|The Tuesday Weavers at the Rocker Beater loom.|
TW: How do you know if your loom is sturdy enough to weave rugs? Would the baby wolf be strong enough?
TK: I prefer a loom that is heavy and sturdy with a lot of weight to it. A floor loom is great for this sort of rug weaving. A baby wolf is intended to be a folding portable loom that you can take to workshops if you care to. I shy away from this sort of loom for rag rugs, although it can be used for other rag weaving if used in the right application. The baby wolf would be fine to use for rag placemats or table runners or the finer rag weaving for clothing such as sakiori.
TW: Rule of Thumb: How wide do you cut fabric depending on kind of fabric: blue jean, burlap, cotton, knit.
TK: I usually cut my cotton shirting fabric about 1 1/2" wide and 2" if it's thinner fabric. Denim is best cut about 3/4" wide and knits I cut approx. 2" wide, and then pull them tightly to stretch the knit fabric. This helps to prevent unwanted draw in. You mentioned burlap, and that seems like a good thing to use to get rid of old burlap, but burlap is made from jute and that rots if it gets wet and not allowed to dry out. Think of the root ball on a tree at the nursery.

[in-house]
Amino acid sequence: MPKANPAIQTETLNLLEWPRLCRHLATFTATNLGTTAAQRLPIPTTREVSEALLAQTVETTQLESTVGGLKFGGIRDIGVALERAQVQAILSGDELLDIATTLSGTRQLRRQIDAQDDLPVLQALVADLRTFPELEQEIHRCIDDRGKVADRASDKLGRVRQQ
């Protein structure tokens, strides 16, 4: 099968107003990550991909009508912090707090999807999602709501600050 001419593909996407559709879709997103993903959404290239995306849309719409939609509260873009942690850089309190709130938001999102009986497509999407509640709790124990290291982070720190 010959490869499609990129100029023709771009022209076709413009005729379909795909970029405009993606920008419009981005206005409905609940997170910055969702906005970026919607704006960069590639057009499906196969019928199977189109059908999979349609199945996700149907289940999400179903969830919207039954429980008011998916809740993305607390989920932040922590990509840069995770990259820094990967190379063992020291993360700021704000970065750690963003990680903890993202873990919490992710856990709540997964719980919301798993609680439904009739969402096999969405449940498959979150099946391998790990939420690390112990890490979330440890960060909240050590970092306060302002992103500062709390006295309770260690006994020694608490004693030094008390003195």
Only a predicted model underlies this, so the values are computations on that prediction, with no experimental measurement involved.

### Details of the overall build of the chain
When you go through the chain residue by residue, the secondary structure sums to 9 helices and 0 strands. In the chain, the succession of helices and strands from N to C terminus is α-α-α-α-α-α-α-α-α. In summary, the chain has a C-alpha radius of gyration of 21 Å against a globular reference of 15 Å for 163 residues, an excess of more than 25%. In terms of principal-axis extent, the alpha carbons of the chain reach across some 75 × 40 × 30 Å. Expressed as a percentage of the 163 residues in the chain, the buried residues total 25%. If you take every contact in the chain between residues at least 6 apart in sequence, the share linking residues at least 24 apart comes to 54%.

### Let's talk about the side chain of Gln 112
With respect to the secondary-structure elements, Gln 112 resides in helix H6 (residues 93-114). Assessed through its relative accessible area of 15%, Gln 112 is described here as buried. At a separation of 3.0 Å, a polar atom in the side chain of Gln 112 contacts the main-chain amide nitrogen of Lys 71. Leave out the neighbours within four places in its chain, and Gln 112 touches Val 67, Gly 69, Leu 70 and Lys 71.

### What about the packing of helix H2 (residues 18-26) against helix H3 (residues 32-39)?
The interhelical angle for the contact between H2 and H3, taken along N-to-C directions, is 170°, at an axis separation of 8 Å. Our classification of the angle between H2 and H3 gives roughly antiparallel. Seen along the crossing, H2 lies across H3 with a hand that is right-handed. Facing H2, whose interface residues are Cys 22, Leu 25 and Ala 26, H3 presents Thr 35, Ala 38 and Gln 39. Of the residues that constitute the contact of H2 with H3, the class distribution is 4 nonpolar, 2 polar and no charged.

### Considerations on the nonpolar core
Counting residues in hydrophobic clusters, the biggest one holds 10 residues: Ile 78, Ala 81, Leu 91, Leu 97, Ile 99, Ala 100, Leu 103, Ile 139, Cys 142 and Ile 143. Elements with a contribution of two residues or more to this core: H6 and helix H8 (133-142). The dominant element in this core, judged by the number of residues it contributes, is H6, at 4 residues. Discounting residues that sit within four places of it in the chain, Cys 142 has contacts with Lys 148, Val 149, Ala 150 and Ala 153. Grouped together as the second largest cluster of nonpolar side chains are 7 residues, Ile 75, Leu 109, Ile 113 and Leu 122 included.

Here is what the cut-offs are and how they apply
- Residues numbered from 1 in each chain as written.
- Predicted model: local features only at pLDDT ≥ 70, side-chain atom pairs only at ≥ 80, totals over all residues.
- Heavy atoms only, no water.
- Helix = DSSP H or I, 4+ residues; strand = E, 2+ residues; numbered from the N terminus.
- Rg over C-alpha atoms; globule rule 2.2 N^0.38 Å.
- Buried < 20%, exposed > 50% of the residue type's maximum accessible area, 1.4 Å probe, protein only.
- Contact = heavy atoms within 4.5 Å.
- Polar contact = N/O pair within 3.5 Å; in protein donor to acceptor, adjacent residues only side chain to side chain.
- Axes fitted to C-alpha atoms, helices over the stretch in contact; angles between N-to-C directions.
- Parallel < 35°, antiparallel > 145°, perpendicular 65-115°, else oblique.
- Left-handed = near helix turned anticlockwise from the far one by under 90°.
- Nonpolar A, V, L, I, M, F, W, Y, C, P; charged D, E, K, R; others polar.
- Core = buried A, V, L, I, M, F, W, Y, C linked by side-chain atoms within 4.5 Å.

TW: How do you determine what kind of warp to use? Does it depend on the weft or size of the project?
TK: I tend to use 8/4 cotton carpet warp or linen, but the chapter on materials will tell readers of other alternatives. I like the cotton carpet warp because it is available in so many colors and for me it makes it easier to design rugs around.
TW: What kind of fabric would you recommend we not use?
TK: For your first rag rug, stick to cotton fabrics or cotton blends. These are so easy to use. I prefer not to blend a lot of different fabrics together in a rug such as wool with cotton and polyesters.
|More Tuesday Weavers at the Rocker Beater loom.|
TK: I like using plain weave and simple twill weaves because these give the best sturdy structure. Try to avoid any weave structure that is going to result in long surface floats. I stay with anything that doesn't have a float that spans more than 3/4" in length. You would not want anyone to catch the heel of their shoe on a float and trip.
TW: What proportions do you prefer when planning a rug?
TK: I like to think about the overall size of the rugs when I weave them. My average rag rug is approx. 26" by 48" or up to 60". You want to think about washing these rugs. They do get dirty on the floor, and you want to be able to put them in the washer comfortably and not crowd the washer. Larger rugs just get washed outside on a sunny day and scrubbed on a deck or picnic table at my house.
I hope this helps your readers and make them want to try a rag rug of their own. Thank you for reviewing my book. Have a great weekend coming up. Tom
Tom: thank you for taking the time to answer our questions. We LOVE your new book!!!
Happy Rag Rug Weaving!